When a loved one has a life-limiting illness, there are lots of decisions to be made. Even before they are ready to give up on interventions which may slow the progress of the disease or even offer a cure, emotional, physical and spiritual needs often increase. Loving family members can certainly offer a higher level of support, but the emotional and physical drain of providing care can sometimes feel like a lot to take on. Oftentimes, it’s difficult for a family members to meet their loved one’s needs without help from a skilled professional.

Palliative care offers the extended physical, emotional and spiritual support that many patients need during this challenging time in life. It differs from hospice care in that the patient can choose to continue with curative treatments while receiving palliative care support. The program is specifically designed to provide a calming and caring environment that preserves the patient’s dignity and eases pain and discomfort.

While these services offer many benefits, it can sometimes be difficult for a family to determine when the right time is to begin palliative care services. Here are six signs that indicate the time might be right.

The Diagnosis of a Serious Illness

Palliative care is designed to ease pain and discomfort, and because of that, it often provides the most benefit when a patient starts services early. As there is no requirement that a patient has a life expectancy of six months or less or stops curative treatments when beginning palliative care, many families find that beginning important conversations with their doctor early, and even right at diagnosis, about these services relieves suffering and improves quality of life.

Suffering is Difficult to Manage Alone

All doctors share a goal of minimizing discomfort and improving quality of life for their patients. However, palliative care doctors and nurses have special training in pain management. They understand the best ways to combine medical and non-medical treatments with emotional support and spiritual support to ease the pain and suffering that can accompany serious medical conditions and the treatments for these conditions. The palliative care team can also help you and your family to understand what’s happening and what to expect as treatments continue. This too can improve quality of life and reduce anxiety, uncertainty and emotional discomfort.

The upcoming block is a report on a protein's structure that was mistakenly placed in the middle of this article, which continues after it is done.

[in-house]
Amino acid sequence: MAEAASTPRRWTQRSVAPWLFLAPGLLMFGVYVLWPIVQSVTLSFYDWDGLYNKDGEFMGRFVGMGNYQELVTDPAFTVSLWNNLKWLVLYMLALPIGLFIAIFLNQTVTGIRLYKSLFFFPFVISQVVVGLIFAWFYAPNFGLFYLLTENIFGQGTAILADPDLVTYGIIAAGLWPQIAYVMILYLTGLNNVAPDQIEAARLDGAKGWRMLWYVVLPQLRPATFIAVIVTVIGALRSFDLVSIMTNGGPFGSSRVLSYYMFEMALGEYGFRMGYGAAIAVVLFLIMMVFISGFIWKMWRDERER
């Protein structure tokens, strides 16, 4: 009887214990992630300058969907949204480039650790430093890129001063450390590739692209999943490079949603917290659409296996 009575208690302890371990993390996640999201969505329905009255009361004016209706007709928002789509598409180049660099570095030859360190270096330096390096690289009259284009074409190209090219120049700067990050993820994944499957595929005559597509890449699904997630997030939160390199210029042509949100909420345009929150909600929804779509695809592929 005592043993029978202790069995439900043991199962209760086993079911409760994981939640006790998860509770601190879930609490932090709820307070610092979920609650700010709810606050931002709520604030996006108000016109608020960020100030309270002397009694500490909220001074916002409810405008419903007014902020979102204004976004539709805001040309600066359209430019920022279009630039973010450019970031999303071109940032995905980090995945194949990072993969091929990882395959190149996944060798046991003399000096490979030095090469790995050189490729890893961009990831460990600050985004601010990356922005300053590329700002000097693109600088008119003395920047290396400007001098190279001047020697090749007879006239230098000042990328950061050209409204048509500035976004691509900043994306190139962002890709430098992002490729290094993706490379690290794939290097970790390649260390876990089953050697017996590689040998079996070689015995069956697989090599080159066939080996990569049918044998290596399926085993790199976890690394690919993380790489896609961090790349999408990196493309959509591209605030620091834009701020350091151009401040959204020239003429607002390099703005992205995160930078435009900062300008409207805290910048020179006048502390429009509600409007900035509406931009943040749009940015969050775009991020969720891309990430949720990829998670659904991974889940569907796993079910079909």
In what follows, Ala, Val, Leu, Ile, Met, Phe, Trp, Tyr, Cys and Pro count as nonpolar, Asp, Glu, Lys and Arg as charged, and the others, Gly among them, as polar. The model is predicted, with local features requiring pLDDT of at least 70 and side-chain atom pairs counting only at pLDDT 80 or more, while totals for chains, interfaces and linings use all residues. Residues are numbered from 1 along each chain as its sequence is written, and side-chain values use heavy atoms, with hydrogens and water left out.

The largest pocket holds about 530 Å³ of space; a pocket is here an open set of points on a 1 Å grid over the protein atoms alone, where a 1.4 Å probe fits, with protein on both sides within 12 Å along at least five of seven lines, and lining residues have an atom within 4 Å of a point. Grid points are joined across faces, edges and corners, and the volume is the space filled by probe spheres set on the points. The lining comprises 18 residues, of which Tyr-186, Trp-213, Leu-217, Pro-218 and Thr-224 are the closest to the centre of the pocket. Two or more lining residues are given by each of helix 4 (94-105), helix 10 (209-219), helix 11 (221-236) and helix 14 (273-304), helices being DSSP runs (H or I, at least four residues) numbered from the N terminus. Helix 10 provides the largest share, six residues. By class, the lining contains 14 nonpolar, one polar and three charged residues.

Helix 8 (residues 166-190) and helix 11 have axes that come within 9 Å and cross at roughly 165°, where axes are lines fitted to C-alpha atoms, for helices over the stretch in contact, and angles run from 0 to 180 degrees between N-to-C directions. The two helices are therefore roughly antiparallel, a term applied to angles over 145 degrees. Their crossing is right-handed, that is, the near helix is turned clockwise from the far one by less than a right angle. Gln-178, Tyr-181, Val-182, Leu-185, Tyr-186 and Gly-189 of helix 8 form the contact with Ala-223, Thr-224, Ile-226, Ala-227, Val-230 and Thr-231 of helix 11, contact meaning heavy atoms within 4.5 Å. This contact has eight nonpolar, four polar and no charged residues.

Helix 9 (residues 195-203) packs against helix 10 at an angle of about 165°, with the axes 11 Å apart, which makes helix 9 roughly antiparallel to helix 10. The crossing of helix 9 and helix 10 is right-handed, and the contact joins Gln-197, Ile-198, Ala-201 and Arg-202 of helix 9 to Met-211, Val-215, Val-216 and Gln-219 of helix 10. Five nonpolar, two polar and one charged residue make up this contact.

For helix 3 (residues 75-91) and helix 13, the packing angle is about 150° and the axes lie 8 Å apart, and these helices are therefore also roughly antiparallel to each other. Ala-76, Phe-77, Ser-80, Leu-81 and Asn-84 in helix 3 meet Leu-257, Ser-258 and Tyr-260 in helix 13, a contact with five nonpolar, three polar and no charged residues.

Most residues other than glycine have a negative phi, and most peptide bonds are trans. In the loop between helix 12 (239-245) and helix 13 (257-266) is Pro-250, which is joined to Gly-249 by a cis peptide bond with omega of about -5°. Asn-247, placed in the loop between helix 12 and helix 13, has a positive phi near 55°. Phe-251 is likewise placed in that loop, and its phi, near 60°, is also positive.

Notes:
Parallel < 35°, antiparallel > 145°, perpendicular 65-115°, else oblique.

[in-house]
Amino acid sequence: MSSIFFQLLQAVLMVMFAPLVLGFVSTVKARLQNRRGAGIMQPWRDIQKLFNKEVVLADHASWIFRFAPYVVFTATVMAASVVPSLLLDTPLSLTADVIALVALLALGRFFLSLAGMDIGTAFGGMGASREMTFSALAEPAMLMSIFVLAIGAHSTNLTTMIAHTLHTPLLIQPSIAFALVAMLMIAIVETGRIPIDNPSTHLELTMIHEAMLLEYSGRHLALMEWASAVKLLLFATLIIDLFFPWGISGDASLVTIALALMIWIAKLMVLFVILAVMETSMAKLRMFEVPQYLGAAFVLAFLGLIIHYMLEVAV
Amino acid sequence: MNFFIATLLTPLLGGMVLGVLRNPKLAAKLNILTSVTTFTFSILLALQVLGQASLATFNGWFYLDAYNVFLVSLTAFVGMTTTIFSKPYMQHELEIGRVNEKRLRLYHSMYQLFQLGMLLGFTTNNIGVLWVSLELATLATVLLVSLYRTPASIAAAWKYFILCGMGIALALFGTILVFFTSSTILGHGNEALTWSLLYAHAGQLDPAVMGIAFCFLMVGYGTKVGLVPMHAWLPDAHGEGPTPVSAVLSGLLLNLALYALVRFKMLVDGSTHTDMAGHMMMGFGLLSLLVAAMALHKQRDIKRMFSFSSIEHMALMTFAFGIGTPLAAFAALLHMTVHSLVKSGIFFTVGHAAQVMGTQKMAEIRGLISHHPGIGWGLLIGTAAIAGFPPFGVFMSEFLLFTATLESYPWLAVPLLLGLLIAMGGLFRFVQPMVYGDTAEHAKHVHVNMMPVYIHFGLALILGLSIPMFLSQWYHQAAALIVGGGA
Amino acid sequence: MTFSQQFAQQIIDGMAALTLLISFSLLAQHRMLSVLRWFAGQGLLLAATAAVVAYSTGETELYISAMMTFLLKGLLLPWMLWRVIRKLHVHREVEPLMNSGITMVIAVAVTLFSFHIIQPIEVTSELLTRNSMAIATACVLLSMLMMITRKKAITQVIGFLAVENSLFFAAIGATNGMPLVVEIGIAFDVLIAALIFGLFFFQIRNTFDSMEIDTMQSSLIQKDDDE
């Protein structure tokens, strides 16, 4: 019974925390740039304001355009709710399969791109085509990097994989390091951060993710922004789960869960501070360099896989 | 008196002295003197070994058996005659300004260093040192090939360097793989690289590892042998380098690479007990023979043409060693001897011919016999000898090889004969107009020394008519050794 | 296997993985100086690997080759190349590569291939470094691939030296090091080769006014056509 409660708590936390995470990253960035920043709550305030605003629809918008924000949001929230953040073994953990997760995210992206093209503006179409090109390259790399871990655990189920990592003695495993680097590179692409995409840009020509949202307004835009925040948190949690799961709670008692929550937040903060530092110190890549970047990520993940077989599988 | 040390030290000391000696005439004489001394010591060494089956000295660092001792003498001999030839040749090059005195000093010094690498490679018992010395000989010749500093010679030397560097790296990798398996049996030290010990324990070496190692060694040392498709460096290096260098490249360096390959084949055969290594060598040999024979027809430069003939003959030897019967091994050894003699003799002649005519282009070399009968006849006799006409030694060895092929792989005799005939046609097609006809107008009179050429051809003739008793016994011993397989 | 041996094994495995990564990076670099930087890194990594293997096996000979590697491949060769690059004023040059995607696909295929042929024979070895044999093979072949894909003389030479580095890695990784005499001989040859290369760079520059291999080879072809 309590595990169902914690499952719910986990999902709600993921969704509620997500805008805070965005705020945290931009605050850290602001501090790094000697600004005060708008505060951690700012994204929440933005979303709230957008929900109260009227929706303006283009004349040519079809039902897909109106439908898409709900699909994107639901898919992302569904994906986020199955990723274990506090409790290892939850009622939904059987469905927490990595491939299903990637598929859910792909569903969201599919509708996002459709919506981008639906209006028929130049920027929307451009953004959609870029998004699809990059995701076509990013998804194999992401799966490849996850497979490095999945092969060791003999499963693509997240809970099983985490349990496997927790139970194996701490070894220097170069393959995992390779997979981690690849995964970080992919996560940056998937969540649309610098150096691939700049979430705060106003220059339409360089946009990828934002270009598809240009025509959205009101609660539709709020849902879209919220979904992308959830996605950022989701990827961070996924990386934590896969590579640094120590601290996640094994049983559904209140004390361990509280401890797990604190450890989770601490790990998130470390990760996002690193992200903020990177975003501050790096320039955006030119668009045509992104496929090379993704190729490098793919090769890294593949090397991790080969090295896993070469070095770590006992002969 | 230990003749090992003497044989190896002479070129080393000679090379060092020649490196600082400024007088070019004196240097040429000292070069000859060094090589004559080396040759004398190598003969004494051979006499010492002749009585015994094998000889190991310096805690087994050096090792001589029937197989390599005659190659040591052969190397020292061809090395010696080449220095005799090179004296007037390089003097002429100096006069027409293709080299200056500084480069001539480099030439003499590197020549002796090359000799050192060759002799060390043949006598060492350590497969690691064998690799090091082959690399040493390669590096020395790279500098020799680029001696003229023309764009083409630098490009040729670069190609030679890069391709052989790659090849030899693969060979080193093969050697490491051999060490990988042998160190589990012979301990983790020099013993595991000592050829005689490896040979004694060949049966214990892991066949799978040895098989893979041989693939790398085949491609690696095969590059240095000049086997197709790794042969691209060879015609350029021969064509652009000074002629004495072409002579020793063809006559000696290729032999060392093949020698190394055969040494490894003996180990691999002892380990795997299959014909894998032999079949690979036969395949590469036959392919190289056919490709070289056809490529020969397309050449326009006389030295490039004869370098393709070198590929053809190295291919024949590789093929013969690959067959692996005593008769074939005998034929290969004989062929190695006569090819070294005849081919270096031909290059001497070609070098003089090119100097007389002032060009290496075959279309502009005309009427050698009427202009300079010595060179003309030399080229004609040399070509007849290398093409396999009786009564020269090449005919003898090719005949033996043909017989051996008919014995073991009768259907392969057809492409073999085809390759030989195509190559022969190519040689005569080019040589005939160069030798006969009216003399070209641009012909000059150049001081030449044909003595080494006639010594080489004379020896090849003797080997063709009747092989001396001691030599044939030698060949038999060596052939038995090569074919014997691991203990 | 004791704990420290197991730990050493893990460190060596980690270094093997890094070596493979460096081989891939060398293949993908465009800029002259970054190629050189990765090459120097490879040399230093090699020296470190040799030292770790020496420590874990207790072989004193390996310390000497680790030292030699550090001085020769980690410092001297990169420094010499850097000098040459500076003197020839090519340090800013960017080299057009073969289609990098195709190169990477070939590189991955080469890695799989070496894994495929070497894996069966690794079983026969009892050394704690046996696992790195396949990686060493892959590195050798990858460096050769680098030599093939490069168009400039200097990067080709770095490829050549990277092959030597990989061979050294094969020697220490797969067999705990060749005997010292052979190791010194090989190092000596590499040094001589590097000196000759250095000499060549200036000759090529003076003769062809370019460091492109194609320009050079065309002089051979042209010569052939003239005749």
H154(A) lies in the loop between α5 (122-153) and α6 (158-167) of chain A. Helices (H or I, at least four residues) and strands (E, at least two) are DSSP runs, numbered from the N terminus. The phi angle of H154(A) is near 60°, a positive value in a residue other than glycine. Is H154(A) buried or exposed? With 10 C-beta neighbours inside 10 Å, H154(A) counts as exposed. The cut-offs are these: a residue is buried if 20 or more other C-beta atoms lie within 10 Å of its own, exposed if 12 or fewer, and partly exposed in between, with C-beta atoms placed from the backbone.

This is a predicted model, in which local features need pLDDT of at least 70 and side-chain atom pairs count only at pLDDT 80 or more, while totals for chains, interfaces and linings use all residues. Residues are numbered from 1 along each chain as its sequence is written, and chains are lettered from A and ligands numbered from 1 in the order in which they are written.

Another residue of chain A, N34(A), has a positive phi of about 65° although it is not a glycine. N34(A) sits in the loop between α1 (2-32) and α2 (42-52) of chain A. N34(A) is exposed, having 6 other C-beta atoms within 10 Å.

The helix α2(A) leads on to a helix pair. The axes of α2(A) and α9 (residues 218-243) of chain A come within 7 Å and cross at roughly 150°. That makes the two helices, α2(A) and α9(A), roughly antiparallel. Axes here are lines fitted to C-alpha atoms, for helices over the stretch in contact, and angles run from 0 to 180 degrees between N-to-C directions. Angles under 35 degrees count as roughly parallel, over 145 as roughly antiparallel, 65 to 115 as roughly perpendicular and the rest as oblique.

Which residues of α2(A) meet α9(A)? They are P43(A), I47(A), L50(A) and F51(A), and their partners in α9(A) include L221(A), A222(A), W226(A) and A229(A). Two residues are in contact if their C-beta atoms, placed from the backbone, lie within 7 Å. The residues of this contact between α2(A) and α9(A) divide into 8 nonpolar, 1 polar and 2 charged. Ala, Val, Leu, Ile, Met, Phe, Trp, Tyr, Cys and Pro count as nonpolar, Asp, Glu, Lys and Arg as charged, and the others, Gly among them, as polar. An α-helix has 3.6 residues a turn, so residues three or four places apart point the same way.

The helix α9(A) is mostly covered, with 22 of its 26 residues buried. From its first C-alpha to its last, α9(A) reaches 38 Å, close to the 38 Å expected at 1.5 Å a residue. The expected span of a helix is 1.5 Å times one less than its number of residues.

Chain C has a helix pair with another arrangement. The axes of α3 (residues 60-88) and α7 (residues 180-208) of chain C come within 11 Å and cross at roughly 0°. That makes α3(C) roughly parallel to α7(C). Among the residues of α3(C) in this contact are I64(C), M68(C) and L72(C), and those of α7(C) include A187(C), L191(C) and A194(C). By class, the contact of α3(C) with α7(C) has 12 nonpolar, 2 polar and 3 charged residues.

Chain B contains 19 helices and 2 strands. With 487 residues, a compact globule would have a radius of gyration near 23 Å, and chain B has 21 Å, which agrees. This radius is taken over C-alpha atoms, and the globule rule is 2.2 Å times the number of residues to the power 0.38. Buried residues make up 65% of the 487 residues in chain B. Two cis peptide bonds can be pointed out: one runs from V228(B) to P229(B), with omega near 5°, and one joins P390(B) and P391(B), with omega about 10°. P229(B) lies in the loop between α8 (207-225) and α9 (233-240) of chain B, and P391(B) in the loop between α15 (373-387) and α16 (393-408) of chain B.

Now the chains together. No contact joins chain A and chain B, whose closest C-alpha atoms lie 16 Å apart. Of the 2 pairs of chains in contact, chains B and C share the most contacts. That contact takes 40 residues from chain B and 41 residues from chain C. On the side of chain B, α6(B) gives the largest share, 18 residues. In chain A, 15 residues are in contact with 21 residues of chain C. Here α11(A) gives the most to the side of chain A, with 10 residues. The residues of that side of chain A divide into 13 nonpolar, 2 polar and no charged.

Frequent ER Visits

Palliative care teams offer another set of professional eyes and ears to help your doctor monitor your medical condition and any improvements or setbacks. Therefore, having these services in place can help to reduce the need for frequent emergency room visits. Palliative care fills important gaps in care and provides pain management support that can keep a patient comfortable and stable. If your loved one is in the ER frequently, that can indicate that it’s the right time to discuss palliative care support.

Caregiver Burnout

Family caregivers give of themselves willingly when a loved one has a serious health condition. This often means that they sacrifice their own health, their own needs and their own life to provide support. While acting as a family caregiver is fulfilling in many ways, it can also be draining. If you’re a caregiver that’s taking on too much, this can lead to emotional and physical caregiver burnout. While many family caregivers are reluctant to ask for support, bringing in a professional palliative care team can provide the relief you need to continue on and better support your loved one’s needs.

You Need Advice, Advocacy and Support

Palliative care teams include highly trained doctors, nurses, therapists and social workers who often act as the go-to person when a patient or family member has questions or needs support. They can help you access outside services and support groups, find information about end of life planning, more clearly understand medical treatments and new medications or procedures and offer other information that makes living with a serious medical condition easier.

You Want to Explore Drug-Free Alternatives

Palliative care doctors and nurses use many medications to support treatment for a serious illness and provide relief from uncomfortable side effects. However, they use non-medical treatments when appropriate too. These might include massage, physical therapy, heat therapy or music and art therapy. These treatments, when used in conjunction with pain medications, can enhance quality of life, reduce suffering and empower you to feel stronger and more independent.

If you or a loved one has been diagnosed with a serious medical condition, there really is no wrong time to seek palliative care support. This comforting, holistic approach to care can perfectly compliment curative treatments and help you live a happier, more productive and more independent life. Salus Los Angeles is proud to offer our patients palliative care support. If you’re in need of care or have questions about these services, contact us, and let’s explore your options together.